Spoiler alert: The above clip is from late in the plot of “Triangle of Sadness”
Set partly aboard a luxury yacht, Ruben Östlund’s Palme d’Or-winning comedy “Triangle of Sadness” is a robust satire of privilege among the jet set. But it’s a satire in which the most memorable character is a middle-aged “toilet manager” named Abigail, played by Filipina actress Dolly De Leon, who is seen along with Harris Dickinson in the exclusive clip above.
Not well known outside of her native Philippines before the film’s Cannes premiere, De Leon has received vast acclaim from critics and audiences for her sly, unpredictable performance as Abagail. So far, she has won a Los Angeles Film Critics Association award and been nominated for a Golden Globe and a London Critics Circle Film Award for Best Supporting Actress.
The scene above does not take place on a yacht but on a lifeboat, as Abigail has become the leader of a group of castaways on a deserted island. Her ability to catch food and build fire has elevated her to top social status, above her fellow shipwreck survivors, including oligarchs and fashion models.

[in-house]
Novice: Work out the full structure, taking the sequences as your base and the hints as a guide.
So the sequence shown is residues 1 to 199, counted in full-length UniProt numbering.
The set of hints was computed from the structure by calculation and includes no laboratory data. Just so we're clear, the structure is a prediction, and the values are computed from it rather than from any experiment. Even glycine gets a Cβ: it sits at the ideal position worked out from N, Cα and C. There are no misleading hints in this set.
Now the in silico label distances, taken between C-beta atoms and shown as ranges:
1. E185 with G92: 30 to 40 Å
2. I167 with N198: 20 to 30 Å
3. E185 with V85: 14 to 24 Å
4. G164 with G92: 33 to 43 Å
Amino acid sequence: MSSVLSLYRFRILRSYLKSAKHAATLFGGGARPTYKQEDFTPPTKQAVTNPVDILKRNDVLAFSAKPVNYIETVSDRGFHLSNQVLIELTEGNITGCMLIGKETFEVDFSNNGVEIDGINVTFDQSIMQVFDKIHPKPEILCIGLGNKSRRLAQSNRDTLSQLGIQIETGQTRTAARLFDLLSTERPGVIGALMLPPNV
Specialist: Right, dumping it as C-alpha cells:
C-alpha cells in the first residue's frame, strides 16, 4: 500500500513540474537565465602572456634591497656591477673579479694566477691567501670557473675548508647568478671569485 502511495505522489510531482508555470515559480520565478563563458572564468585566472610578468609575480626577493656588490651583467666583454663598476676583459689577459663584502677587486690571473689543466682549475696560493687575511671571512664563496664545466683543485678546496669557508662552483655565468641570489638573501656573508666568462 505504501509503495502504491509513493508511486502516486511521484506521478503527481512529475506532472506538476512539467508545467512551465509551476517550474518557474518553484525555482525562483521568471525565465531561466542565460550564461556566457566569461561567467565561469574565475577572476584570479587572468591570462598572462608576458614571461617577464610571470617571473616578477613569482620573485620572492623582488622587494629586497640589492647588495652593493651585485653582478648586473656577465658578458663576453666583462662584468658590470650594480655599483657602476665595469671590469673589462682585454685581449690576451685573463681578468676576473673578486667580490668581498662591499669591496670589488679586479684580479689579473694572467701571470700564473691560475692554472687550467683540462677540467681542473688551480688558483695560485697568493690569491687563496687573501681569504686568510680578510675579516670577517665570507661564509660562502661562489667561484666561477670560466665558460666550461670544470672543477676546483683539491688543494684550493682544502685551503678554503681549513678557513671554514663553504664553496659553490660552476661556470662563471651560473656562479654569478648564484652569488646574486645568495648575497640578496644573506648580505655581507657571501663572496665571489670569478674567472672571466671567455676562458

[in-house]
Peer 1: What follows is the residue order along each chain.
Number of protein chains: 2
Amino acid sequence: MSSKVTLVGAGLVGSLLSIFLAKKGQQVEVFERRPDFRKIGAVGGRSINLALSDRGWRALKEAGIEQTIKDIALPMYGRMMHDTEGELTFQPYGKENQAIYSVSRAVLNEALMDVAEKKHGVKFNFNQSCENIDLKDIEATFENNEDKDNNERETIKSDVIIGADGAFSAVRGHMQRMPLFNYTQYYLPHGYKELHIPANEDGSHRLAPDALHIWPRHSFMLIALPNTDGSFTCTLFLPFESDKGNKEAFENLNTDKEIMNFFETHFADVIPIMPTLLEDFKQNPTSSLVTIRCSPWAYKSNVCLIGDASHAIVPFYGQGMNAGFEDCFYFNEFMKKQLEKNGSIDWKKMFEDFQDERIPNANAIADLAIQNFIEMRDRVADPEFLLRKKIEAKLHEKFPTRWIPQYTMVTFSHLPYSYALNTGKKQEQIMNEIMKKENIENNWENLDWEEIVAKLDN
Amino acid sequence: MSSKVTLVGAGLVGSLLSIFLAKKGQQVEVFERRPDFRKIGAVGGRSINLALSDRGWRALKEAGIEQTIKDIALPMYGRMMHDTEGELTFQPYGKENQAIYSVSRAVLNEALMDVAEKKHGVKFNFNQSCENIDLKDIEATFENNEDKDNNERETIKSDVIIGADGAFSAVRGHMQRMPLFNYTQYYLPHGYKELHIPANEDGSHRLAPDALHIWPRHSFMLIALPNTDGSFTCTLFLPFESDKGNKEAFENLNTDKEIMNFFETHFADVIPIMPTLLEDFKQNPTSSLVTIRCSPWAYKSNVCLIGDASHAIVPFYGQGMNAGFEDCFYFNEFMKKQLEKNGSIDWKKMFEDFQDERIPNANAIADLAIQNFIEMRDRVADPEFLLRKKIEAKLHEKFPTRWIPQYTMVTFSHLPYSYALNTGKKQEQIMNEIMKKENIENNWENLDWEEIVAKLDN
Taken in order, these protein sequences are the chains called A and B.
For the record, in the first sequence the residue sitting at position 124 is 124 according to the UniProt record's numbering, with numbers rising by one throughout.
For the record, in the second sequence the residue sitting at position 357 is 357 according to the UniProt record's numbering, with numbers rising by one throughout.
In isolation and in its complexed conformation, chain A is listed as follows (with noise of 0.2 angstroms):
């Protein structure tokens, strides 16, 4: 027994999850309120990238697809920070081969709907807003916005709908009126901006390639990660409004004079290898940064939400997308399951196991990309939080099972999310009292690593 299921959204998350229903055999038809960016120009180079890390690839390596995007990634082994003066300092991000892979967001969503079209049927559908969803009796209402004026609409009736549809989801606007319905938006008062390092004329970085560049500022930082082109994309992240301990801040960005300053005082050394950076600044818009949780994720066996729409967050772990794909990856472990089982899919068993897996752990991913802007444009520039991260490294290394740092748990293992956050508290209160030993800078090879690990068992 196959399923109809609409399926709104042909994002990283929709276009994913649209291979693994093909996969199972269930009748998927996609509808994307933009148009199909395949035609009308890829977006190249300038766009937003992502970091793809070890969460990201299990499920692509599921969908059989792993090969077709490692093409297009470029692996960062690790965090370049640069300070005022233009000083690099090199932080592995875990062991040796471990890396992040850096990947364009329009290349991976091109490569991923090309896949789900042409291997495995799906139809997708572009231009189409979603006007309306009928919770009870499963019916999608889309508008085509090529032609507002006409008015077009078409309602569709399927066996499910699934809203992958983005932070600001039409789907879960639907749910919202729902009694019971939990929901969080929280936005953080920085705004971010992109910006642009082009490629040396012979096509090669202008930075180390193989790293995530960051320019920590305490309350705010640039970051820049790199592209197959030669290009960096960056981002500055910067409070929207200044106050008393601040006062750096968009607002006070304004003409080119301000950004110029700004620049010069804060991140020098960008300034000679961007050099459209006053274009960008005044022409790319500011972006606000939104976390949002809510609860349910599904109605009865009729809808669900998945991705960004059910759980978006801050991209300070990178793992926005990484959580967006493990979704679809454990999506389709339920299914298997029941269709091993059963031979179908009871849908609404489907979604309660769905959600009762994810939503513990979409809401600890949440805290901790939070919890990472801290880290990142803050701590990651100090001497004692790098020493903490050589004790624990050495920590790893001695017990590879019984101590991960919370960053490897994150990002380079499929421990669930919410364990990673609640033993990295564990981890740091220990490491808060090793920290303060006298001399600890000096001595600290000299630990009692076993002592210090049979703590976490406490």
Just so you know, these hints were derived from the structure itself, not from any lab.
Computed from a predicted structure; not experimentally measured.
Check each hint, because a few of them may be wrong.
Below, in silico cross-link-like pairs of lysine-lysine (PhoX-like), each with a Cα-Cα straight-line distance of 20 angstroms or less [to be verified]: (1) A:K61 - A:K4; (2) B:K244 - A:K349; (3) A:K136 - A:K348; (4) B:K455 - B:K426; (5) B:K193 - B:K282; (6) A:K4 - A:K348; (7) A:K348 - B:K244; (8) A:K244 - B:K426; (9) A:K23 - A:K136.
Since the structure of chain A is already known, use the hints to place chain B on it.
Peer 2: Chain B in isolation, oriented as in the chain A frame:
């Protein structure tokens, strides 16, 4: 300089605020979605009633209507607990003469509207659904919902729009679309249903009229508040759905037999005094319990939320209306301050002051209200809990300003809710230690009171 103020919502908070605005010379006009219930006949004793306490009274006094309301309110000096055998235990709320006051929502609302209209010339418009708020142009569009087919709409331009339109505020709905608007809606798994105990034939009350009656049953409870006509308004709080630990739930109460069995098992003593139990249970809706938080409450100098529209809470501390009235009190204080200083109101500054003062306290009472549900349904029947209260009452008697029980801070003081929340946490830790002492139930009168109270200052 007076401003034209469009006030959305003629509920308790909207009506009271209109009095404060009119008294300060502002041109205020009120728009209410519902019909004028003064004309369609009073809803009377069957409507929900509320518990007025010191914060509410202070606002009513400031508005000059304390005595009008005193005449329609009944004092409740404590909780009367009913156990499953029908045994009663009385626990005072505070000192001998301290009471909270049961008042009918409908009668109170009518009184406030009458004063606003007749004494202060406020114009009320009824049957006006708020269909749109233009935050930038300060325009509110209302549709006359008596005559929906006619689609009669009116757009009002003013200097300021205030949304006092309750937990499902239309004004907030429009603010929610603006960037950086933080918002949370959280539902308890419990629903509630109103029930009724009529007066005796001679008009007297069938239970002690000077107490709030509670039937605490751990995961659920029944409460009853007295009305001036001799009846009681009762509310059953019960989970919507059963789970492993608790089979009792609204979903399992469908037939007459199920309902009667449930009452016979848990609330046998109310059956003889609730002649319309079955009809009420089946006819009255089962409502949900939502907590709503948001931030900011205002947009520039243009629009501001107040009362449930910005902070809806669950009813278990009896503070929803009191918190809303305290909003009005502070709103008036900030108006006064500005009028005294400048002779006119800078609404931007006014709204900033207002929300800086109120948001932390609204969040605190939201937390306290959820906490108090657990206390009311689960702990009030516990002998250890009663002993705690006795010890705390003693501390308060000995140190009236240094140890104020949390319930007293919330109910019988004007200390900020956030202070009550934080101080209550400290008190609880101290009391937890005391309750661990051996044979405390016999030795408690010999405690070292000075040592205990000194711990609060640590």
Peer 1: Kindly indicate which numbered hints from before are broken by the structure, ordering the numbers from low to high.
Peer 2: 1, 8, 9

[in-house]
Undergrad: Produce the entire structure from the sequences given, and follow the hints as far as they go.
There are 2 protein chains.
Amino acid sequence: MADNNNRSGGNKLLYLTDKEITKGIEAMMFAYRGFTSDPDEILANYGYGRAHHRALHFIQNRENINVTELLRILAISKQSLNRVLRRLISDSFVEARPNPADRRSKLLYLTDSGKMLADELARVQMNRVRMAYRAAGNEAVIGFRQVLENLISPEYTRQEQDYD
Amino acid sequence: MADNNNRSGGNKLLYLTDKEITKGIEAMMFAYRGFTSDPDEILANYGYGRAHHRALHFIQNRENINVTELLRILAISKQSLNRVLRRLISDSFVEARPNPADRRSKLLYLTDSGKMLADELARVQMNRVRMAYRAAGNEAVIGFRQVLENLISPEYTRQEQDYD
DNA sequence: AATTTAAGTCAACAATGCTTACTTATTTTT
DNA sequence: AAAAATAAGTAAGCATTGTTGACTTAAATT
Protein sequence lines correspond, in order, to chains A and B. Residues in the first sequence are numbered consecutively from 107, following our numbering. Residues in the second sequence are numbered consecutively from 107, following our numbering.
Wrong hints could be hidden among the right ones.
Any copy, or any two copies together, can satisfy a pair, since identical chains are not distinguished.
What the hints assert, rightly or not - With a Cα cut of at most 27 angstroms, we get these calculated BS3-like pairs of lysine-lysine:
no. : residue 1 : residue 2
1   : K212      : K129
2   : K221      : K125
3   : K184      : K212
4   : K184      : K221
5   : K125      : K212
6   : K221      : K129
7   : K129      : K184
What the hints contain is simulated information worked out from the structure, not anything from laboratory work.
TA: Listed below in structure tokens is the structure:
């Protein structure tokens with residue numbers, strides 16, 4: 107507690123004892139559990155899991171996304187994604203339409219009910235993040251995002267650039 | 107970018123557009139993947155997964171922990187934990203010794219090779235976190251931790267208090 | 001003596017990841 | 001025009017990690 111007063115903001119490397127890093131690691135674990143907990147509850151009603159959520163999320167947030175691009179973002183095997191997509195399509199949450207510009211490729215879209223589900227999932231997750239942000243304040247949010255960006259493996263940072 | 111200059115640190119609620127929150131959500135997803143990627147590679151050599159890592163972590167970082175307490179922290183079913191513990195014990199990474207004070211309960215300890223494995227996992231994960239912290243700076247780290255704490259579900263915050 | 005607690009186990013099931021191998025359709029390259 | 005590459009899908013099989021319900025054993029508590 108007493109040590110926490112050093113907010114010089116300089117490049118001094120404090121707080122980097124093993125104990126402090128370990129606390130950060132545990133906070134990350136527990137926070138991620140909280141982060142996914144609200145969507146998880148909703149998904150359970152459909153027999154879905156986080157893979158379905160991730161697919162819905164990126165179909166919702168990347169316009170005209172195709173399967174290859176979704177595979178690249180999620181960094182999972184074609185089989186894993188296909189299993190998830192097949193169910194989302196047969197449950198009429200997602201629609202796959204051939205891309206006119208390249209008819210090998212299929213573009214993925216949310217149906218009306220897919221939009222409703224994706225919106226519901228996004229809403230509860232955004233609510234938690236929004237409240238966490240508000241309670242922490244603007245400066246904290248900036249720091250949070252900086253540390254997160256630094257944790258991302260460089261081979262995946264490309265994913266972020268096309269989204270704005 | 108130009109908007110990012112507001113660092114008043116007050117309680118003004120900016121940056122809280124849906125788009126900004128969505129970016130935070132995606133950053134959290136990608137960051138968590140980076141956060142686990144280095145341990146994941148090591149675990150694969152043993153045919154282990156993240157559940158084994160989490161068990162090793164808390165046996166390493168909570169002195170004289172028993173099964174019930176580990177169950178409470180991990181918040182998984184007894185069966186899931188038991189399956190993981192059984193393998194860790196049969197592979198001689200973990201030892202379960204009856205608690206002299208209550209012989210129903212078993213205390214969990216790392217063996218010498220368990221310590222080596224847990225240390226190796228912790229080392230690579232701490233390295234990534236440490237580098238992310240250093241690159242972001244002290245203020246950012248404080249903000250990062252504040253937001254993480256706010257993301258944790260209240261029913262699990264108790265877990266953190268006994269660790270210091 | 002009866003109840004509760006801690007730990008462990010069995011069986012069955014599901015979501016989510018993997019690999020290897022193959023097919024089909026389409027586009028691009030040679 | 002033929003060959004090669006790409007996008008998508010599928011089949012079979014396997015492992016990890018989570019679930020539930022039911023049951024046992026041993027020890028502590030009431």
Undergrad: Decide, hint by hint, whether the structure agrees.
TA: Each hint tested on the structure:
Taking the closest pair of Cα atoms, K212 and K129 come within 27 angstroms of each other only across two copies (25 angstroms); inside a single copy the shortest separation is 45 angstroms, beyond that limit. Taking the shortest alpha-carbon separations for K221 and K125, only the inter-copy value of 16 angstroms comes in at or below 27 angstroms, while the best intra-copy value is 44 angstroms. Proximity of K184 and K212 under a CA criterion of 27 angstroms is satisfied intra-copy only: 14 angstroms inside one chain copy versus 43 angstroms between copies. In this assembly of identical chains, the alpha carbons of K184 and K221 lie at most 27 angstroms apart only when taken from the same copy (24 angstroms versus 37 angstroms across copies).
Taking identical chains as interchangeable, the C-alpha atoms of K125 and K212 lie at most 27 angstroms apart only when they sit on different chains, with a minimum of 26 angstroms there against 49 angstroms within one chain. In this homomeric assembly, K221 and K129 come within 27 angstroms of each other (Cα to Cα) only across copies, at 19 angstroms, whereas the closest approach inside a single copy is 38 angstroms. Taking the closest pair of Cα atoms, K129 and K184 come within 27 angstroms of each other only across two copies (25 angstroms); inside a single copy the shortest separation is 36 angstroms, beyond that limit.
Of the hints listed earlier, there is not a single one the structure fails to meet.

And one of those fashion models, Carl (played by Dickinson), has become a sort of concubine for Abigail. “You give me something and I give you something in return,” she tells him in this scene.
De Leon spoke to TheWrap recently about the impact of this moment in the film, in which an unconventional sexual relationship is portrayed with a degree of reality and consequence. Although he favors raucous comedy, especially during the yacht scenes, Östlund (“Force Majeure” and “The Square”) shifts to a more serious tone in this third act of the film, especially in terms of the flipped gender imbalance.
“Yeah, it’s an older woman and a younger man,” De Leon said. “People could easily think that was some sort of joke or find it uncomfortable or gross, so it was important for the audience to believe that Carl is the type of man who’s attracted to power. It’s power, more than anything else, that turns him on. And I wanted to add an element of sensuality in the power that Abigail wields, so it makes more sense in the story. Carl stays with her as a survival tactic, but he also actually finds her power sexy.”
In the scene above, Abigail and Carl discuss the dynamic of their relationship, and whether he should split with his fellow fashion model girlfriend (played in the film by Charlbi Dean, who died following a sudden illness last August). For an explanation from director Östlund on the film’s question-mark of an ending, click here.
“Triangle of Sadness” (the title comes from the wrinkles that form a triangle in between your eyebrows) is playing in theaters and available to rent via streaming platforms.